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Tag Archives: Supreme Court

A Supreme Court Nominee and the Confirmation Battle that Awaits


Townhall Review – July 14, 2018

Hugh Hewitt is joined by Leonard Leo, head of the Federalist Society, to look at the confirmation process for the newly-nominated U. S. Supreme Court Justice. Mike Gallagher turns to Wendy Long to examine the vicious partisanship expected during the confirmation process. CNN’s legal analyst Jeffrey Toobin joins Hugh Hewitt with his analysis of the nominee and the confirmation. Michael Medved speaks with economist Stephen Moore about the latest jobs report. Larry Elder’s guest, Walter Williams, author, columnist, and economics professor at George Mason University, explains why parenting is the number one problem facing education in our African-American urban areas. Mike Gallagher discusses NATO with Michael Desch, Director of the National Security Center at Notre Dame. Dennis Prager asks some questions about the growing “rudeness” phenomenon.

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Jerry Bowyer: A Banner Session for the First Amendment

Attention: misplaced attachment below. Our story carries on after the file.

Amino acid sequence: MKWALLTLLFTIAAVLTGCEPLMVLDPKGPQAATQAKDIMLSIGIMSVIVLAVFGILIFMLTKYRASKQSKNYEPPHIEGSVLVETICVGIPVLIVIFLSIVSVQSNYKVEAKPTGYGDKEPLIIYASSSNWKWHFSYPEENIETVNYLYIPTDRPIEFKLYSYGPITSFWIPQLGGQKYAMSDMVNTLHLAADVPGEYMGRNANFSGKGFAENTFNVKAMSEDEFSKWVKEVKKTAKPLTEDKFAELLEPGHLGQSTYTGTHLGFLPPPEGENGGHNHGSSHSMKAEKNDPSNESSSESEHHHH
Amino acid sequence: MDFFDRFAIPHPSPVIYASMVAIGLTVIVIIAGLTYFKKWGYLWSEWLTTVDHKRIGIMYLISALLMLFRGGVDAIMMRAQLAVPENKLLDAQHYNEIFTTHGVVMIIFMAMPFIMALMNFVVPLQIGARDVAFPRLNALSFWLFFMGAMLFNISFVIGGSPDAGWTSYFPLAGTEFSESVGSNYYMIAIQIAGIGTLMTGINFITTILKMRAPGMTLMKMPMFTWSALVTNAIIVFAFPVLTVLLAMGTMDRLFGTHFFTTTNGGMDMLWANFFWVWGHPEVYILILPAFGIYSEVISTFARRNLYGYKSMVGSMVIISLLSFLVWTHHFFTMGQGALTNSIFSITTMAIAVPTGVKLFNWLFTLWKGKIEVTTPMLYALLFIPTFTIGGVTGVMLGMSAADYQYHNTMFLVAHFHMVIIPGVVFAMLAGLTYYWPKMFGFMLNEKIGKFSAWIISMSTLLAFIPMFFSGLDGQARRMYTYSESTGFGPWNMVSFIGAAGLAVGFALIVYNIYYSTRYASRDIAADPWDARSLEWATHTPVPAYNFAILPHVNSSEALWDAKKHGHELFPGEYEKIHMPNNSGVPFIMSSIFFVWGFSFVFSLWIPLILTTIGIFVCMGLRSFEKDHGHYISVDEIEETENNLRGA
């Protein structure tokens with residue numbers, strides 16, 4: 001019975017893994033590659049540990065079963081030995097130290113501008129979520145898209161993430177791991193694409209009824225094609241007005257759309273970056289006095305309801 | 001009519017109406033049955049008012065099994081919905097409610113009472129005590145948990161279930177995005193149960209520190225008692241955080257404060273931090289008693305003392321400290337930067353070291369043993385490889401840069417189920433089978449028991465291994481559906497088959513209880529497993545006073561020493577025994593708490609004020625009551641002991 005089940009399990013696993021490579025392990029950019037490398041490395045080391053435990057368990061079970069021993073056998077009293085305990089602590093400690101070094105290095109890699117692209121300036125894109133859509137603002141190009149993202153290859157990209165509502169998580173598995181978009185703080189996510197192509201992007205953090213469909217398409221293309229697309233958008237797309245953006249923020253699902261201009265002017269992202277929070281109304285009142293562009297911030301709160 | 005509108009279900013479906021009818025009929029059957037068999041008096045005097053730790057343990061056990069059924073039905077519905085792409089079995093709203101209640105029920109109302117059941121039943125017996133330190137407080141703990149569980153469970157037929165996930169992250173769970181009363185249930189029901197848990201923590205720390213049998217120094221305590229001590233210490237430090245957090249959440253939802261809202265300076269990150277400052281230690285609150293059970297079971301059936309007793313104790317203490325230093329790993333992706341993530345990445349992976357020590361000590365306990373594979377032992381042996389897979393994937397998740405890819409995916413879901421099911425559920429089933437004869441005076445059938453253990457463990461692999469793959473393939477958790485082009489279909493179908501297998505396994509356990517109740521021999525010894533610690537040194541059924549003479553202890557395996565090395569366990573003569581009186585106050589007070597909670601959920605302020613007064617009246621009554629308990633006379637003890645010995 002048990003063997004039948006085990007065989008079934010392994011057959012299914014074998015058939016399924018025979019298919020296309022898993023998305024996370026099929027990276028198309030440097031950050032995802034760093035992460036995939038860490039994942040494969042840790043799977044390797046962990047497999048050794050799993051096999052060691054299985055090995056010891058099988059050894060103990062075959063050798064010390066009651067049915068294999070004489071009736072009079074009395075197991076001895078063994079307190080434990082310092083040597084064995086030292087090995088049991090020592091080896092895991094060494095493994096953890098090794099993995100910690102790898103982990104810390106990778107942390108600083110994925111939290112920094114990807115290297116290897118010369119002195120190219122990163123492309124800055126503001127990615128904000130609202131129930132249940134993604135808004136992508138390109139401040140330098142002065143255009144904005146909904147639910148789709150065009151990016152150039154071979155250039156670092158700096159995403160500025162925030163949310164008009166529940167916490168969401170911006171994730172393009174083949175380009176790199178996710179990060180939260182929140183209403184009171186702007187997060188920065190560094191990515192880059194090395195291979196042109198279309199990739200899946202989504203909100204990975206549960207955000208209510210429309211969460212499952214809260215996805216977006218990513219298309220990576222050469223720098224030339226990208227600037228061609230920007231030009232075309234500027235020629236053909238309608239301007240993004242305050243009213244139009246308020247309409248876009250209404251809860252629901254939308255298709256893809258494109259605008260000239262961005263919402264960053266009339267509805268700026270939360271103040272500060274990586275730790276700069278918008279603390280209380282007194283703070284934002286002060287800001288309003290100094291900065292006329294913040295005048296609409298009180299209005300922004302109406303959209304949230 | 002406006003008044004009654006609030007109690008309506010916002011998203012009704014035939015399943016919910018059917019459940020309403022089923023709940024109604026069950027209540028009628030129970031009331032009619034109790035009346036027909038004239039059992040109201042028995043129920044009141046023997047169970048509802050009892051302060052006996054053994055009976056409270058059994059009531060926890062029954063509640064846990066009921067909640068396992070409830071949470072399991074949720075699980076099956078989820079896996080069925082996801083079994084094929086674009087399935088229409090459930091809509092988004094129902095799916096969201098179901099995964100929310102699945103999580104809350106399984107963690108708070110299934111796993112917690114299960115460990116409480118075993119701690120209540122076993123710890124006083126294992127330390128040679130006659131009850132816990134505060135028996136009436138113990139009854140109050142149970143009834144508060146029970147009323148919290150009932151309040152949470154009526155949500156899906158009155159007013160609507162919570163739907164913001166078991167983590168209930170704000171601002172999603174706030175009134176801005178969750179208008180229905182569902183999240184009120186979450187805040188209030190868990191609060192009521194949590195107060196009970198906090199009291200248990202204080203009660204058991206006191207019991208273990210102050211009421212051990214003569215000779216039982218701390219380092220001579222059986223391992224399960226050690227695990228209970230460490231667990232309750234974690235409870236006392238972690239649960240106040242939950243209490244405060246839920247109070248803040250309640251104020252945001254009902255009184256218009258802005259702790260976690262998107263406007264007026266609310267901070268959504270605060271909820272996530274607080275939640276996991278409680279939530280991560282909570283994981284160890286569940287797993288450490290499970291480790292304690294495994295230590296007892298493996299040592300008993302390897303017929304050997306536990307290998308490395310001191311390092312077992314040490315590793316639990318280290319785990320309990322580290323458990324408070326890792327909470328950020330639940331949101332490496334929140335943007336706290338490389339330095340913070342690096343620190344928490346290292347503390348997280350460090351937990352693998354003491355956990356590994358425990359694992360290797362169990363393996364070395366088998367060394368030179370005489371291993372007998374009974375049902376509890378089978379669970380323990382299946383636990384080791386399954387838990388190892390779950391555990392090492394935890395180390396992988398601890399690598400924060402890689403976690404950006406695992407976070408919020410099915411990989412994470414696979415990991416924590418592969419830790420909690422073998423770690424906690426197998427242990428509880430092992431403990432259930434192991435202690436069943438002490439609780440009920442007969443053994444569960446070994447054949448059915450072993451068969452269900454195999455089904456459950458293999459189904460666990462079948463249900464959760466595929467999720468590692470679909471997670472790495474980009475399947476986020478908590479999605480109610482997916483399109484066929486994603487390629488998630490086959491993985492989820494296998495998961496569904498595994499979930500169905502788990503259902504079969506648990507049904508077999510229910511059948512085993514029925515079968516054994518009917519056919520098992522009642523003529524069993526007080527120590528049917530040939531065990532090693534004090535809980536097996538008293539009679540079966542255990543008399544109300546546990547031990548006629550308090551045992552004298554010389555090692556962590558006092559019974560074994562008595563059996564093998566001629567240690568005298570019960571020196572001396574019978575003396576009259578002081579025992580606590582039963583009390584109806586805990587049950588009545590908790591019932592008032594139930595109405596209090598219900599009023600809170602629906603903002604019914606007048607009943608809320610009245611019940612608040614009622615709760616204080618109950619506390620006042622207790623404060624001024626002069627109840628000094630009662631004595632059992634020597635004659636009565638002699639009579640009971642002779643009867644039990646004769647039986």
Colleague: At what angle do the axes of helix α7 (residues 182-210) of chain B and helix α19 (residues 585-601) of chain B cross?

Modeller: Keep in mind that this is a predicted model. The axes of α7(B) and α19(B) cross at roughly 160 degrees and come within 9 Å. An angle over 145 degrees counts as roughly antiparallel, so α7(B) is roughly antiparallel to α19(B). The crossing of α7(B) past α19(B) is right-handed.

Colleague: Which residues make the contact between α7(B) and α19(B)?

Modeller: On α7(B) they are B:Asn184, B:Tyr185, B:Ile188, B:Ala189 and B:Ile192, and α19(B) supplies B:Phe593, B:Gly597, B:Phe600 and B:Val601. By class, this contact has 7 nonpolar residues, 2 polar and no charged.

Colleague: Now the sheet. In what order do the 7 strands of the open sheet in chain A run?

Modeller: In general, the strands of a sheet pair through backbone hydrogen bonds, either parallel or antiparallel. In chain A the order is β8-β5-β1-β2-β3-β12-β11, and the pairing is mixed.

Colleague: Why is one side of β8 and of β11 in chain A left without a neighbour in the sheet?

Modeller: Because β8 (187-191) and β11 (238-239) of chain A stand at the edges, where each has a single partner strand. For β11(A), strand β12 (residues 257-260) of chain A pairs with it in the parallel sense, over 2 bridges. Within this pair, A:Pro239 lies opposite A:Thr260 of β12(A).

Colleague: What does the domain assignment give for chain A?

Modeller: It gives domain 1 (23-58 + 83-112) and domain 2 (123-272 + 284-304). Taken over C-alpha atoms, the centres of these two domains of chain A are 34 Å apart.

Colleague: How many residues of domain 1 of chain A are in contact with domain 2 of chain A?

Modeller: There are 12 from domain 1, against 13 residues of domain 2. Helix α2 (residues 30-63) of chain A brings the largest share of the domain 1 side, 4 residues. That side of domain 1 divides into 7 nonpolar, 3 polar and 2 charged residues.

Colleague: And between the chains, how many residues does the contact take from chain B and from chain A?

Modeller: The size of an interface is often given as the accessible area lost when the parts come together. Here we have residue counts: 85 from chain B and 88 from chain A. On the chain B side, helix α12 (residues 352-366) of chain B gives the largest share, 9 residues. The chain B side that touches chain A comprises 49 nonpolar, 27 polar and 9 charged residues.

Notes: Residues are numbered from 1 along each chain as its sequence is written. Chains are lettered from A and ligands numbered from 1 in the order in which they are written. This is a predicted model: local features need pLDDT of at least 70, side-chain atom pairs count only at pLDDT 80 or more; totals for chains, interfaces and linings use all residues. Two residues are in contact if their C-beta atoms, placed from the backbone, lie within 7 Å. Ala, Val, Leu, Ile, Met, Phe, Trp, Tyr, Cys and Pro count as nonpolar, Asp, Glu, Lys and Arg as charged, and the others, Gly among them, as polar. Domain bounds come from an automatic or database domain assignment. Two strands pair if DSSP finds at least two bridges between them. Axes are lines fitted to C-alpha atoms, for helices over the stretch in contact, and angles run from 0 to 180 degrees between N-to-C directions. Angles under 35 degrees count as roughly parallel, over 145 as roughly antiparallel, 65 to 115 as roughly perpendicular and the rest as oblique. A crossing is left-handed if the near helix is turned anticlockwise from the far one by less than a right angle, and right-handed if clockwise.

SCOTUS 2018 is shaping up as the “free speech” session of the court.

Masterpiece Cake ruling upheld the free speech rights of a cake decorator who did not want to decorate a cake celebrating a same-sex marriage.

The court sent a case back to a lower court involving a florist who did not want to create a floral display doing the same thing. Then there was the NIFLA decision—regarding the pro-life crisis pregnancy centers—where the court overturned a California law which compelled them to essentially advertise for abortion.

In Justice Kennedy’s opinion, the law forced them to “convey a message contrary to their deepest convictions.”

Each one of these cases was litigated by the Alliance Defending Freedom, which has emerged as the most important First Amendment group in the nation.

It’s a banner session for the First Amendment.

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Masterpiece Cakeshop Owner Talks Victory at Supreme Court

Townhall Review — June 09, 2018